Microsoft calls the hacking group Strontium; others call it Fancy Bear or APT28. An indictment from US special counsel Robert Mueller has tied it to Russian’s main intelligence agency, known as the GRU, and to the 2016 email hacking of both the Democratic National Committee and the Clinton campaign.
“We have no doubt in our minds” who is responsible, Smith said.
Microsoft has waged a legal battle with Strontium since suing it in a Virginia federal court in summer 2016. The company obtained court approval last year allowing it to seize certain fake domains created by the group. It has so far used the courts to shut down 84 fake websites created by the group, including the most recent six announced Tuesday.
Microsoft has argued in court that by setting up fake but realistic-looking domains, the hackers were misusing Microsoft trademarks and services to hack into targeted computer networks, install malware and steal sensitive emails and other data.
Smith also announced Tuesday that the company is offering free cybersecurity protection to all US political candidates, campaigns and other political organizations, at least so long as they’re already using Microsoft’s Office 365 productivity software. Facebook and Google have also promoted similar tools to combat campaign interference.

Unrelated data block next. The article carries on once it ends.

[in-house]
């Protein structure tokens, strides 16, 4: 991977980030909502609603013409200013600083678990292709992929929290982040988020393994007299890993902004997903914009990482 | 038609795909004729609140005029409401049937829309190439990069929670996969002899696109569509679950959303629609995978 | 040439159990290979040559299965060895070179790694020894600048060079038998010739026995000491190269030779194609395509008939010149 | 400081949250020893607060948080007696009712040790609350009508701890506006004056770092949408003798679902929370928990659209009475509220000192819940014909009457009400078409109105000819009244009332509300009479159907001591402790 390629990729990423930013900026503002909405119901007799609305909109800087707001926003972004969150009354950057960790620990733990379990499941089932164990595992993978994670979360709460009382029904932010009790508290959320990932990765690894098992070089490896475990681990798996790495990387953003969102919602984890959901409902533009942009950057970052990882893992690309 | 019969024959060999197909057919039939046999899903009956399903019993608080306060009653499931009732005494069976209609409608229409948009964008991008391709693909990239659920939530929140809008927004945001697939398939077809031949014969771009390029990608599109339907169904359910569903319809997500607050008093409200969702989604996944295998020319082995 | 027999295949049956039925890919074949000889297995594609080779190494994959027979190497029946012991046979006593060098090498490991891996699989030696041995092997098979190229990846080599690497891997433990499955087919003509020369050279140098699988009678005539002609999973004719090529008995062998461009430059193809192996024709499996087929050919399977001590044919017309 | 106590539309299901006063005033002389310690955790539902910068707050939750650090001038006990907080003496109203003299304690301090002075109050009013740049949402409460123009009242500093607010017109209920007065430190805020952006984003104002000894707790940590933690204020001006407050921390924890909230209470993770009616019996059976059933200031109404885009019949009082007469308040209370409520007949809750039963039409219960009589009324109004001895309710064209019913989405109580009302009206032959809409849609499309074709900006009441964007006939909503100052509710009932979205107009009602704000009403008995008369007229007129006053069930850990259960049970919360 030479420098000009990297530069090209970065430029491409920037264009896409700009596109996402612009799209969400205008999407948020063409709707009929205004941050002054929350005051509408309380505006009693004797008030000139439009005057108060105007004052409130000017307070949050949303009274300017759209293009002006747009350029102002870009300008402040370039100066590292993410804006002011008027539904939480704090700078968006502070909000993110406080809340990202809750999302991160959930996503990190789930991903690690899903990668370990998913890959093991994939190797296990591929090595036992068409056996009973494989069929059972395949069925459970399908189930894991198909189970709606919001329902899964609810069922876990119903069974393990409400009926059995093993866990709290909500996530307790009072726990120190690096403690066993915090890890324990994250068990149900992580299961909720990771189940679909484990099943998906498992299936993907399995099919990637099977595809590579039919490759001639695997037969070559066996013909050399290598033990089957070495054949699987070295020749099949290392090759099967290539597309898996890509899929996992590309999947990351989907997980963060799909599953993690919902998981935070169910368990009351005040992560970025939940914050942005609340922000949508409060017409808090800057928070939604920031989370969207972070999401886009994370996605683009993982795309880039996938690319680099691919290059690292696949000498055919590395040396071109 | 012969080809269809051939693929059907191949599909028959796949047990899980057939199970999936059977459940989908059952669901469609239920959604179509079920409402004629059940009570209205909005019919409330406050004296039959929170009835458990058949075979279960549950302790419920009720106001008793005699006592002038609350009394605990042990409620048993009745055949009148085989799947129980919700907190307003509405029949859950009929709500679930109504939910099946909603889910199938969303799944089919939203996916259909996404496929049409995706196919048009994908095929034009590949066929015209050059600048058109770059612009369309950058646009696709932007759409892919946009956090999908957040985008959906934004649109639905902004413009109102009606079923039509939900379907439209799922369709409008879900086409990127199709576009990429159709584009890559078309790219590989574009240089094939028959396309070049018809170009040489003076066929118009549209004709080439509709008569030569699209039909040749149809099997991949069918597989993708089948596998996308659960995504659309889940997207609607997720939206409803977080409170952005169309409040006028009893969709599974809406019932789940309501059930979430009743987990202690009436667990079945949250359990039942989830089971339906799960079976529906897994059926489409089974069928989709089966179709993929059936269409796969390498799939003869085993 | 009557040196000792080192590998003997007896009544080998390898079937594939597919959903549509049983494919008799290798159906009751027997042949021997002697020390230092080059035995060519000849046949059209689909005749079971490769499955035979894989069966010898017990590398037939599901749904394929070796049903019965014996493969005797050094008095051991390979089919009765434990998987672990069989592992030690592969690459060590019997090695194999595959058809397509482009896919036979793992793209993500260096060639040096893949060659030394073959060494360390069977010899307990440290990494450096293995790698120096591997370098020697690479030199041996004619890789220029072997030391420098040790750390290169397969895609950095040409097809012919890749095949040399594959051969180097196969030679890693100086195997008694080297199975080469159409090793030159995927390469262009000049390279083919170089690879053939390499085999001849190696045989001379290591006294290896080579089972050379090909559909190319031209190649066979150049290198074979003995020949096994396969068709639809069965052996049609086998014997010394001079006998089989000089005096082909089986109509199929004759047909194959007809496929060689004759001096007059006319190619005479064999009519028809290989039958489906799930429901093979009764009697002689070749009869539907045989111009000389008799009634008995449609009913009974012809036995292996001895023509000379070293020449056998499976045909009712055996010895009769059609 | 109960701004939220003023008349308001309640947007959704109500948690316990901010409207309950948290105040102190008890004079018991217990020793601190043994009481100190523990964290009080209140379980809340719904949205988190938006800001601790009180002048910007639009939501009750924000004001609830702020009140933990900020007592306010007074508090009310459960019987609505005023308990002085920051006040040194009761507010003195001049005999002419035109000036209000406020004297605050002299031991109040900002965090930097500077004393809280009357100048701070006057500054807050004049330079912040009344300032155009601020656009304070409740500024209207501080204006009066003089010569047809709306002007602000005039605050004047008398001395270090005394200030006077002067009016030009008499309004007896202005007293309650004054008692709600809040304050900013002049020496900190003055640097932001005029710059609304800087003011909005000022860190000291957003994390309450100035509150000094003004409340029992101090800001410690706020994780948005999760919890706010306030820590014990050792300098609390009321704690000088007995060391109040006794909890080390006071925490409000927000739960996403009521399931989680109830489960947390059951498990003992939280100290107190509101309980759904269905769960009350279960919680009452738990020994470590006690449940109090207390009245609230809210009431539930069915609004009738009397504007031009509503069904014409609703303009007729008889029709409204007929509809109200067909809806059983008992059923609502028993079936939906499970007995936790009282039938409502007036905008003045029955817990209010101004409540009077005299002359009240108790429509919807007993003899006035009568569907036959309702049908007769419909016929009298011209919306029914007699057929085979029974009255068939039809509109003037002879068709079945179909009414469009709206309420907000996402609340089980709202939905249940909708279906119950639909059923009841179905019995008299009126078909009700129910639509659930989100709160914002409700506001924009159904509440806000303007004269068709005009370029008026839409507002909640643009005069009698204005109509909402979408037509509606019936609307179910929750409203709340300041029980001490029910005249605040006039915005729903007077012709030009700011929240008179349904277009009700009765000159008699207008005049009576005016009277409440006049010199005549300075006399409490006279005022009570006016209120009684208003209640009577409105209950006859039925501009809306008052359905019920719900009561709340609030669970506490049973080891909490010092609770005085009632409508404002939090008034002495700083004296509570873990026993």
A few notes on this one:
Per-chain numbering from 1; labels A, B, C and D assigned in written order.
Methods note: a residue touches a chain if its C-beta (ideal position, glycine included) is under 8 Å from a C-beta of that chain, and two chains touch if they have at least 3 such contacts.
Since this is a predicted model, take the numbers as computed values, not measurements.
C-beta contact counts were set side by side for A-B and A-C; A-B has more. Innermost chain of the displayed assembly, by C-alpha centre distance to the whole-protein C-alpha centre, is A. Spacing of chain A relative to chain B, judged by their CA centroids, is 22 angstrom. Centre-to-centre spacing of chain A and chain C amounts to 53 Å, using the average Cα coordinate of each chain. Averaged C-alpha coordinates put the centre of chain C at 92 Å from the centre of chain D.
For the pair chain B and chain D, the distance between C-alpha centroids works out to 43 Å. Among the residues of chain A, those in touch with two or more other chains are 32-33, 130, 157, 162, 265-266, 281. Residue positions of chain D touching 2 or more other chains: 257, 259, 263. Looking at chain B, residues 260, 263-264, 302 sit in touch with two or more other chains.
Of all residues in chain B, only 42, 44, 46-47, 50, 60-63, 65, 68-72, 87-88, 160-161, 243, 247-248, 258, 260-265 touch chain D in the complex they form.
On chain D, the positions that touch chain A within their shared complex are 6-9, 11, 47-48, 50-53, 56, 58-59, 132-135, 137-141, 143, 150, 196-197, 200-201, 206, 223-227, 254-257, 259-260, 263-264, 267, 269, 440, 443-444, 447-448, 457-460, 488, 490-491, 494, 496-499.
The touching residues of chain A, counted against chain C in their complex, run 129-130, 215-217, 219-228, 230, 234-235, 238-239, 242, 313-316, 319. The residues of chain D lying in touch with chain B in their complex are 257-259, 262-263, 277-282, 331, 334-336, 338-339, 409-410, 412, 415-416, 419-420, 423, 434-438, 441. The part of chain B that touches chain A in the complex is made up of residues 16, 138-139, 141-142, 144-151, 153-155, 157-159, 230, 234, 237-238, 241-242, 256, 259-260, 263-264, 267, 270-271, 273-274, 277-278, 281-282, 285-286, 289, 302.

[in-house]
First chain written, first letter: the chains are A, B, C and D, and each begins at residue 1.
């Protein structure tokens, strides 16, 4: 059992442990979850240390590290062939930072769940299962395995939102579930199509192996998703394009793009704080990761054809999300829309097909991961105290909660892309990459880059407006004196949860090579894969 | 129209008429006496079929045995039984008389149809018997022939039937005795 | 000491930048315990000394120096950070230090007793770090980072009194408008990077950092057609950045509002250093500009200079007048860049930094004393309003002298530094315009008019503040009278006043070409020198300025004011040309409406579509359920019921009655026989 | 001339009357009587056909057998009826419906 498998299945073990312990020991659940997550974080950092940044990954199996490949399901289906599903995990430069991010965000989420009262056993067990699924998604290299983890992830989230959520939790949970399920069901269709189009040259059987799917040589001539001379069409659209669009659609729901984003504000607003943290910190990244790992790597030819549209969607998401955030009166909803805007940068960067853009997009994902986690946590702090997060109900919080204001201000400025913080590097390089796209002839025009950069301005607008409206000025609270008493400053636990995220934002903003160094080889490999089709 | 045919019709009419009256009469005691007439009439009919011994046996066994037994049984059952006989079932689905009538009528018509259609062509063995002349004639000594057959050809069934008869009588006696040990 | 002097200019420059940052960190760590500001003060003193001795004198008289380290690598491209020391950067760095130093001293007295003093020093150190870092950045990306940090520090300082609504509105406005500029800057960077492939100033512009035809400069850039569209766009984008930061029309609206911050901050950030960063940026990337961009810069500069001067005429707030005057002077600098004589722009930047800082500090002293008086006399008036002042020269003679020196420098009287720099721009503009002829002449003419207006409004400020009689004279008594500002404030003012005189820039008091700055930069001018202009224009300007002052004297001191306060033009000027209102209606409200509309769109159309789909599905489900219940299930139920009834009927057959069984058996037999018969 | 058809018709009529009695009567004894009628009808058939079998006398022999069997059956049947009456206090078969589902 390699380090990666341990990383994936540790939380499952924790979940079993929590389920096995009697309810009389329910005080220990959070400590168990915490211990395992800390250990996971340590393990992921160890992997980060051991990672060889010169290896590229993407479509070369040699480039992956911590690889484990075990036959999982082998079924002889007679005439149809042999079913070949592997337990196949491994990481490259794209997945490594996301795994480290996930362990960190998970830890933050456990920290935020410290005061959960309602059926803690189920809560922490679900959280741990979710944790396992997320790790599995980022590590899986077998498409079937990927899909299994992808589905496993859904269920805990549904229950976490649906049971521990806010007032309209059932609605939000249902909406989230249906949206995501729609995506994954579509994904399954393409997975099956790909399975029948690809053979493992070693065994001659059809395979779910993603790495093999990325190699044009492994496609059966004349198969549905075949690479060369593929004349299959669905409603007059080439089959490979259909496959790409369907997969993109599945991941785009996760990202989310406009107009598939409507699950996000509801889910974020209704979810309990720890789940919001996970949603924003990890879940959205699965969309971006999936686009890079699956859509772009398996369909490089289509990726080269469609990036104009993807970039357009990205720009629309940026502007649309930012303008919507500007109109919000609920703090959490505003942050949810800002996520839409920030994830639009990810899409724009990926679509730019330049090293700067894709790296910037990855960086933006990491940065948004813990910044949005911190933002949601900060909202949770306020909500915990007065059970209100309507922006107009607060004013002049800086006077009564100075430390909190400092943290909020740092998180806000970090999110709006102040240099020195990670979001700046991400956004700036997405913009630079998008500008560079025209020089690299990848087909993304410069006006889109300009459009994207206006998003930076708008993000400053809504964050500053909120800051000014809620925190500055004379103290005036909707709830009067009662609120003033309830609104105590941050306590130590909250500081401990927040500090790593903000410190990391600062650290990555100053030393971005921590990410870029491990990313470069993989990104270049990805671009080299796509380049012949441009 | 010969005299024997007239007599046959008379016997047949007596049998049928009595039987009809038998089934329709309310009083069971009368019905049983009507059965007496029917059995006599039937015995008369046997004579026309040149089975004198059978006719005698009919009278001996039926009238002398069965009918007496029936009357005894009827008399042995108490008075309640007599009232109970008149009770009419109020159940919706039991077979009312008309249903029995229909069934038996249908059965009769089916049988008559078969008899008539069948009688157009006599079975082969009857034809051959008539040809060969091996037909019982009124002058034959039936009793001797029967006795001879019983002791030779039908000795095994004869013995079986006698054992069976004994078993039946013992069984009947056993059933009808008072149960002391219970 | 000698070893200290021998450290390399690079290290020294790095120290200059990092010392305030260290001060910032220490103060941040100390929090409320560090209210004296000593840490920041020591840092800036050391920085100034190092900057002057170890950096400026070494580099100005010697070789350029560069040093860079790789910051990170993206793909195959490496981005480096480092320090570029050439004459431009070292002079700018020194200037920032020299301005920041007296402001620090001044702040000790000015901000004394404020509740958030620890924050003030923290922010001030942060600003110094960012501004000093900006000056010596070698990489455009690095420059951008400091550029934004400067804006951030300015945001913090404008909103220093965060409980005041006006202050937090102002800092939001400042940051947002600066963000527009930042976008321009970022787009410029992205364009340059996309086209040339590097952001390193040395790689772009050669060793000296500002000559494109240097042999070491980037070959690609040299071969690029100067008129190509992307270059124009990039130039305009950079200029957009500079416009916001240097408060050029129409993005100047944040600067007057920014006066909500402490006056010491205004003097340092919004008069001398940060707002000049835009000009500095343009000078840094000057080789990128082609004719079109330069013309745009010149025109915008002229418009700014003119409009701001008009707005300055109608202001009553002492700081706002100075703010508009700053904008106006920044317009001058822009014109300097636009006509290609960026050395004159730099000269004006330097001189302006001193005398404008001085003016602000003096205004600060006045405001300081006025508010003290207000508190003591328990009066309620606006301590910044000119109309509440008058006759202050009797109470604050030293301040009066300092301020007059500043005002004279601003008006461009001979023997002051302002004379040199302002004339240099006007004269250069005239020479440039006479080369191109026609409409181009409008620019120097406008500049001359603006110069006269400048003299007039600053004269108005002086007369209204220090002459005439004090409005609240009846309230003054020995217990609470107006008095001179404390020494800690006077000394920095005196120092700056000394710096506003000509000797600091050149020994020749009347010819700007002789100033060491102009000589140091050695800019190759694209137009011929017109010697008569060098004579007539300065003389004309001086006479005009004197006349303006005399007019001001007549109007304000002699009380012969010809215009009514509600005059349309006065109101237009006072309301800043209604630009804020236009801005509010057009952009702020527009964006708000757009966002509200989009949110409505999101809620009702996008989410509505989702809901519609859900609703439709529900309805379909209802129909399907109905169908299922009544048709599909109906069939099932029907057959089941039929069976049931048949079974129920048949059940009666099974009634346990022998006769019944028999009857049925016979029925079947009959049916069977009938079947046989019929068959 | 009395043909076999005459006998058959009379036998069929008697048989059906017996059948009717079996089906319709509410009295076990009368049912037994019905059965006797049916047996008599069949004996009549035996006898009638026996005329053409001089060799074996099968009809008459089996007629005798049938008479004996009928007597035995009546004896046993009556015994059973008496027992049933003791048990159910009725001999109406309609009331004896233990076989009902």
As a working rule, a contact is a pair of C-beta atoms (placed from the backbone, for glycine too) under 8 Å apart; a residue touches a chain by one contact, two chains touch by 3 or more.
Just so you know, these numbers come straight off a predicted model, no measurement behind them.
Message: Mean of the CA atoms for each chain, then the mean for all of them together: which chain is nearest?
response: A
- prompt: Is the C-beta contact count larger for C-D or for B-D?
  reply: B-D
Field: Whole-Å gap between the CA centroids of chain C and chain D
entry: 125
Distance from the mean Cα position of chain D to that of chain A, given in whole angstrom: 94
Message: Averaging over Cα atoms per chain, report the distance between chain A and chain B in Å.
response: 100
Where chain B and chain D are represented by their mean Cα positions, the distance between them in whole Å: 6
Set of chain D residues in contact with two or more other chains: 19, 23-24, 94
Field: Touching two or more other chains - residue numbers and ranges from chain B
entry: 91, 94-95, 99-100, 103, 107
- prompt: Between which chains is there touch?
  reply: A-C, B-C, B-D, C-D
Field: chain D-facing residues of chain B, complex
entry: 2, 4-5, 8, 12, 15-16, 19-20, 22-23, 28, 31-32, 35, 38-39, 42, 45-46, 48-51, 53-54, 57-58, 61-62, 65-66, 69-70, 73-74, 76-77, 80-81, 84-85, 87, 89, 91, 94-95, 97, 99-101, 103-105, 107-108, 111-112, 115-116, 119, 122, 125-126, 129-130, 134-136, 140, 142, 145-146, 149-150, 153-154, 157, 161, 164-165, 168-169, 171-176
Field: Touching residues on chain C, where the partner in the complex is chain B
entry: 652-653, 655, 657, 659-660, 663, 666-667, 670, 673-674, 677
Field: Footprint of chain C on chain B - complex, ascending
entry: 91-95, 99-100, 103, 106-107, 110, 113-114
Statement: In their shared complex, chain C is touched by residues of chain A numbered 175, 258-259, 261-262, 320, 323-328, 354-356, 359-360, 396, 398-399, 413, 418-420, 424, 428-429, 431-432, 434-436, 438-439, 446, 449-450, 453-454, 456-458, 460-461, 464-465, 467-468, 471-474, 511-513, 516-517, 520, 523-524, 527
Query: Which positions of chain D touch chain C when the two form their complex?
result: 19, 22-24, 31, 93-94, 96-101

World 'won't rest' on Rohingya crisis, UK's Hunt tells Suu Kyi

Updated 30 min 22 sec ago
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World 'won't rest' on Rohingya crisis, UK's Hunt tells Suu Kyi

  • The Rohingya fled to neighbouring Bangladesh, where they joined about 300,000 already in cramped refugee camps, carrying accounts of extrajudicial killings, extreme sexual violence and arson.
  • Suu Kyi, a former pro-democracy icon, has seen a sharp fall from grace internationally due to her failure to address the Rohingya crisis.

NAYPYIDAW, Myanmar: British foreign minister Jeremy Hunt on Thursday called for justice on the Rohingya crisis after his visit to Myanmar's Rakhine state, telling embattled leader Aung San Suu Kyi the world "won't let it rest".
Hunt's rallying cry for accountability comes at the end of a busy two-day visit during which he visited Rakhine -- the epicentre of a brutal military campaign that drove out more than 700,000 Rohingya Muslims -- and met with Suu Kyi.
"Burma needs to know the international community won't let it rest," said Hunt using Myanmar's former name.
Myanmar has set up an "independent" commission to address the army's crackdown against the Rohingya, rejecting the UN probe and calls for the International Criminal Court to investigate.